Olmesartan reduces oxidative stress in the brain of stroke-prone spontaneously hypertensive rats assessed by an in vivo ESR method

Shuichiro Araki, Yoshitaka Hirooka, Takuya Kishi, Keiji Yasukawa, Hideo Utsumi, Kenji Sunagawa

Research output: Contribution to journalArticle

24 Citations (Scopus)

Abstract

We previously showed that oxidative stress in the brain is involved in the neural mechanisms of hypertension. Therefore, olmesartan, an angiotensin type 1 receptor blocker, might affect oxidative stress in the brains of stroke-prone spontaneously hypertensive rats (SHRSP). Here, we evaluated the effects of olmesartan treatment using an in vivo electron spin resonance (ESR)/spin probe technique. Two groups of SHRSP were treated with either olmesartan (10 mg kg 1 day 1) or hydralazine (Hyd, 20 mg kg 1 day 1)/hydrochlorothiazide (HCT, 4.5 mg 1 kg day 1) for 30 days (n5 for each). Systolic blood pressure decreased similarly in both groups after treatment. Heart rate and urinary norepinephrine (NE) excretion increased in rats treated with Hyd/HCT, but not in those treated with olmesartan. The in vivo ESR signal decay rates of the blood-brain barrier-permeable spin probe methoxycarbonyl-PROXYL were significantly higher in SHRSP brains than in age-matched normotensive Wistar-Kyoto rat brains (P0.01; n6 for each). Olmesartan attenuated the ESR signal decay rates in SHRSP brains, but Hyd/HCT did not. Intracerebroventricular infusion of active form of olmesartan, RNH-6270, reduced blood pressure and NE excretion, and the ESR signal decay rate was reduced in SHRSP brains. These findings indicate that olmesartan has anti-oxidative property in the brain without stimulating reflex-mediated sympathetic activity in SHRSP.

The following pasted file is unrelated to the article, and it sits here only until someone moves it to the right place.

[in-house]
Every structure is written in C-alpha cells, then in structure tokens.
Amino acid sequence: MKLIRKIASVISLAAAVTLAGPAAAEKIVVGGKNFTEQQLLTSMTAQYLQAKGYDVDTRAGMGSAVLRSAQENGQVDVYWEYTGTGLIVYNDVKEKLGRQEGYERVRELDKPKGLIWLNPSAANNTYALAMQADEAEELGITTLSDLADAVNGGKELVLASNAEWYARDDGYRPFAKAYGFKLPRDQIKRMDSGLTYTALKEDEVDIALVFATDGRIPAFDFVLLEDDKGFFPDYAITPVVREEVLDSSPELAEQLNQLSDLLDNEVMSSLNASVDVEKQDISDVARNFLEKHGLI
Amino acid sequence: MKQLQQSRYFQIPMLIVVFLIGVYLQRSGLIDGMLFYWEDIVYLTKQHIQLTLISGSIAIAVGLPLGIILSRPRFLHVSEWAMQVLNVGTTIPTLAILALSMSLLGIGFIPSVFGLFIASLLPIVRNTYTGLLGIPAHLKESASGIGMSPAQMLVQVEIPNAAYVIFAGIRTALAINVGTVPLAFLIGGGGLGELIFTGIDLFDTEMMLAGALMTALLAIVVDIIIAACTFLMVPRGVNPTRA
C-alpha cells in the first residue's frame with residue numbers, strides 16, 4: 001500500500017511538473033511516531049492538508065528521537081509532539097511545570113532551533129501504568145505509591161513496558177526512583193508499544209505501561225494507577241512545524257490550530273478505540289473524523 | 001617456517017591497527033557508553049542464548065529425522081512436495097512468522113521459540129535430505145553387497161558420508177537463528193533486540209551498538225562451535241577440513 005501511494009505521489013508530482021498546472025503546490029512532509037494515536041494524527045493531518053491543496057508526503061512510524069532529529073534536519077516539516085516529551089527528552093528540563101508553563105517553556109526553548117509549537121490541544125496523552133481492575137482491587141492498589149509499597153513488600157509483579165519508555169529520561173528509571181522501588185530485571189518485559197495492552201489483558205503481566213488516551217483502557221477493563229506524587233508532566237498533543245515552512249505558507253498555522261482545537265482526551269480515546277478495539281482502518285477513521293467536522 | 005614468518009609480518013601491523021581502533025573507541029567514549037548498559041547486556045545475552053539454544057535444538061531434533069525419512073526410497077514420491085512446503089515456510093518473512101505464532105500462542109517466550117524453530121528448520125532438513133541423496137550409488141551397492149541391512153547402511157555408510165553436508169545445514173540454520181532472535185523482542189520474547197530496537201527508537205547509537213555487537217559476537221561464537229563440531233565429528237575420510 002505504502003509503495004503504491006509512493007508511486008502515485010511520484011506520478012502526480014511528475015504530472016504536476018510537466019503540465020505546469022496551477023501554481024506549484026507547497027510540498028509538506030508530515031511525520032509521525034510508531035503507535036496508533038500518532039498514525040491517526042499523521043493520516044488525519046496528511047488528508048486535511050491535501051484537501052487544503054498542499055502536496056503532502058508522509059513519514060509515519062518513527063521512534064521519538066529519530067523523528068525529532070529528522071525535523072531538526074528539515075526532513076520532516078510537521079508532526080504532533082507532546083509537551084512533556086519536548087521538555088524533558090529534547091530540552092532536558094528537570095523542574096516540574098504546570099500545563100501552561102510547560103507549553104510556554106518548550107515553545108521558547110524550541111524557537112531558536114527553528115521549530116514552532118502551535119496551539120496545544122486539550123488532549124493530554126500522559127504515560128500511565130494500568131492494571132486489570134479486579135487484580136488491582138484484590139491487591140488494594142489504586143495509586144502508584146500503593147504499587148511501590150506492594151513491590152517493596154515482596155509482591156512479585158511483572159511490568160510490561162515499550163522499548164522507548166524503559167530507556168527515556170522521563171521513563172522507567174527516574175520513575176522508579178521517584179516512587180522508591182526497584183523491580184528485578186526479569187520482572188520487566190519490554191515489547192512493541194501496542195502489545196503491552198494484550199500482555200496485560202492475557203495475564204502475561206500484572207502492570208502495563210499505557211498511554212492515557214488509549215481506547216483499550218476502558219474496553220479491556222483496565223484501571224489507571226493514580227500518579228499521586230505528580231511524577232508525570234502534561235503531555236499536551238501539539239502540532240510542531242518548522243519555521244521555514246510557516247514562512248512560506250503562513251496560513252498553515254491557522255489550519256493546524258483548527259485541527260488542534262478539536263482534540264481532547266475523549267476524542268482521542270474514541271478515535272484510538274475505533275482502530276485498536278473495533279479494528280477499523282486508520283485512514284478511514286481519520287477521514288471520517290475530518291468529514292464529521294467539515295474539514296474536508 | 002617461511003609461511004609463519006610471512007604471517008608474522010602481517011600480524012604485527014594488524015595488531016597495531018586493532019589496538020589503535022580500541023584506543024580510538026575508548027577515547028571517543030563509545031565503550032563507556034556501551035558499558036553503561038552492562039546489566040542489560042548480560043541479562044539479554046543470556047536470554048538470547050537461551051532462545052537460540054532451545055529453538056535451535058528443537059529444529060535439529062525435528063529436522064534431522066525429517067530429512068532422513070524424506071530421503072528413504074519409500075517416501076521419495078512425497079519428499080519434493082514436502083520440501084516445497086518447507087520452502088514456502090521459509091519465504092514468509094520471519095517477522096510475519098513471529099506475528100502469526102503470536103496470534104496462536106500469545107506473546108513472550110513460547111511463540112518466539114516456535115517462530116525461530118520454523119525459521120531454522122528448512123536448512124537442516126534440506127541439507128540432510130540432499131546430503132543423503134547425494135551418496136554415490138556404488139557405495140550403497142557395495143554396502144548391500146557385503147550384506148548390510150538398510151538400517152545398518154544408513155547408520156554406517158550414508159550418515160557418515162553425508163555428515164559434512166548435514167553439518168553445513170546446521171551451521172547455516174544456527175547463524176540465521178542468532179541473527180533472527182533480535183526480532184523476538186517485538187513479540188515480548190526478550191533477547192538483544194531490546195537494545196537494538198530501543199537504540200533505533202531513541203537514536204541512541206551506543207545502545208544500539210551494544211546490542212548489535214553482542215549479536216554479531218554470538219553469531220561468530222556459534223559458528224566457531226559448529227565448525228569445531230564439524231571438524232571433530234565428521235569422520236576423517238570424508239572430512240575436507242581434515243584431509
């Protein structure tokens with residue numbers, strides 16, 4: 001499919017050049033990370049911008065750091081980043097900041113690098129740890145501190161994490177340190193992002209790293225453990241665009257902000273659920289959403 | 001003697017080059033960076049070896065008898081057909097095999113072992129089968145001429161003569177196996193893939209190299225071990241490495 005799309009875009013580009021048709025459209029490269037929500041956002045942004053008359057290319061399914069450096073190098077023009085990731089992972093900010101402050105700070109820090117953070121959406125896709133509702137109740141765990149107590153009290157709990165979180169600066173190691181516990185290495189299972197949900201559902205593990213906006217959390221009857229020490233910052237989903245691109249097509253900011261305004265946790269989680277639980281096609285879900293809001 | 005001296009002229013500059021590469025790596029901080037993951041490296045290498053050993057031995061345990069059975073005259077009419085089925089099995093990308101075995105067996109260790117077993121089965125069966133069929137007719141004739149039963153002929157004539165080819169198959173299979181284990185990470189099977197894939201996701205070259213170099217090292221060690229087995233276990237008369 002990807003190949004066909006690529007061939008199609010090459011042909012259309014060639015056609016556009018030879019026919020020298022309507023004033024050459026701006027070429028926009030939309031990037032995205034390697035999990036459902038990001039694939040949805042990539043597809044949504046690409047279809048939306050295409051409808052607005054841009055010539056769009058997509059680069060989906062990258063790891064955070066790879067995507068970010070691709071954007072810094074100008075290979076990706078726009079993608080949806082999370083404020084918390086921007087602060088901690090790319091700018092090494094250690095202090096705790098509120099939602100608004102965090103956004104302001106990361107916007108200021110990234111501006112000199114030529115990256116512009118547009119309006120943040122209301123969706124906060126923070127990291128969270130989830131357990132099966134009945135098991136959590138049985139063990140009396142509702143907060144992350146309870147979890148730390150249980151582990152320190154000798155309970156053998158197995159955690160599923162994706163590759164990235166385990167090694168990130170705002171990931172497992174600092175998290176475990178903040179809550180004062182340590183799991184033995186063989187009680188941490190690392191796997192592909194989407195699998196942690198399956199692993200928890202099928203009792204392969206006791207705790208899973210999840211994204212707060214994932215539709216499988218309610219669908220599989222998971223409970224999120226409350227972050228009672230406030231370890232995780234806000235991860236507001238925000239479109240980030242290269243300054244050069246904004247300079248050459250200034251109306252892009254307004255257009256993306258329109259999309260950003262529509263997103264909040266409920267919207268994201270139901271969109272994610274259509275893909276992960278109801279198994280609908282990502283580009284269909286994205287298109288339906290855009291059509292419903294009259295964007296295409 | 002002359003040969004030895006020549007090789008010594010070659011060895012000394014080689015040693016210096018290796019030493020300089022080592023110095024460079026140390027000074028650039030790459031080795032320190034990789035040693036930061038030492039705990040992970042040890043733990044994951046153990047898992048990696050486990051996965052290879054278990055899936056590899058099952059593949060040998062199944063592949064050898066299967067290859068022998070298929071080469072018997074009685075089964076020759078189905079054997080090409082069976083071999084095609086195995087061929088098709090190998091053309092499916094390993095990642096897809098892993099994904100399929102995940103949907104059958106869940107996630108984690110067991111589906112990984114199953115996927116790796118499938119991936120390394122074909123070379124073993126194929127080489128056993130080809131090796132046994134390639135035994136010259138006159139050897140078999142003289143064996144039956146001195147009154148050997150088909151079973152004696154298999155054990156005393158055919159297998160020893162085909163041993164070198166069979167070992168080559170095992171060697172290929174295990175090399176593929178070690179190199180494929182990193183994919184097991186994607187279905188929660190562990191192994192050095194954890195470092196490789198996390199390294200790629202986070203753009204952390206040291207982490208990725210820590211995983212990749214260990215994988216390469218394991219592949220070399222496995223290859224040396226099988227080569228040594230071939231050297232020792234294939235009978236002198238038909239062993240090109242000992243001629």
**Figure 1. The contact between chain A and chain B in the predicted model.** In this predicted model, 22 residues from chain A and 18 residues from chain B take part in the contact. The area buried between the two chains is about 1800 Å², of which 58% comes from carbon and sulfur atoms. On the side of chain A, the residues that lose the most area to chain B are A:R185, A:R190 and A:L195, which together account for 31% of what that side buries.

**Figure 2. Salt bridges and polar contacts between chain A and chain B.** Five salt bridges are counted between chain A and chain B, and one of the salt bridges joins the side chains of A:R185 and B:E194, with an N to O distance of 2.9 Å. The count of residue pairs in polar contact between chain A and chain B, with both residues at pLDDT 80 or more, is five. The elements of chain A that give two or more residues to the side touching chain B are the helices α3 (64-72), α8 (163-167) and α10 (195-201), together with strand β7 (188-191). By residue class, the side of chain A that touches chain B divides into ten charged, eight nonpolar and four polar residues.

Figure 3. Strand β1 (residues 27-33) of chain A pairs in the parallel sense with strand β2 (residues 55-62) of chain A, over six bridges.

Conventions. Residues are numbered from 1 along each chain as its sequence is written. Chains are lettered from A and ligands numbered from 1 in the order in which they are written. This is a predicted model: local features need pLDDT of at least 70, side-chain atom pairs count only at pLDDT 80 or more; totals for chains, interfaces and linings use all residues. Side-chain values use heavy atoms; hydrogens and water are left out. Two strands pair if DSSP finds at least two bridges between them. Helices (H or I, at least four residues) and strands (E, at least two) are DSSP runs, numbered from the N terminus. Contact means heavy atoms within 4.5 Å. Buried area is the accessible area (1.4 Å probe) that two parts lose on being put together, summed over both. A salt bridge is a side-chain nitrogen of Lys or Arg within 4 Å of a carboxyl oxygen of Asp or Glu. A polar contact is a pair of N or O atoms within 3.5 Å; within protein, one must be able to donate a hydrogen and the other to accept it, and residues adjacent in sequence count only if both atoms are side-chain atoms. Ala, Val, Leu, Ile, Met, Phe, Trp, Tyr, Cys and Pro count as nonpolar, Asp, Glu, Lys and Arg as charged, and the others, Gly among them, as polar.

Original languageEnglish
Pages (from-to)1091-1096
Number of pages6
JournalHypertension Research
Volume32
Issue number12
DOIs
Publication statusPublished - Dec 23 2009

All Science Journal Classification (ASJC) codes

  • Internal Medicine
  • Physiology
  • Cardiology and Cardiovascular Medicine

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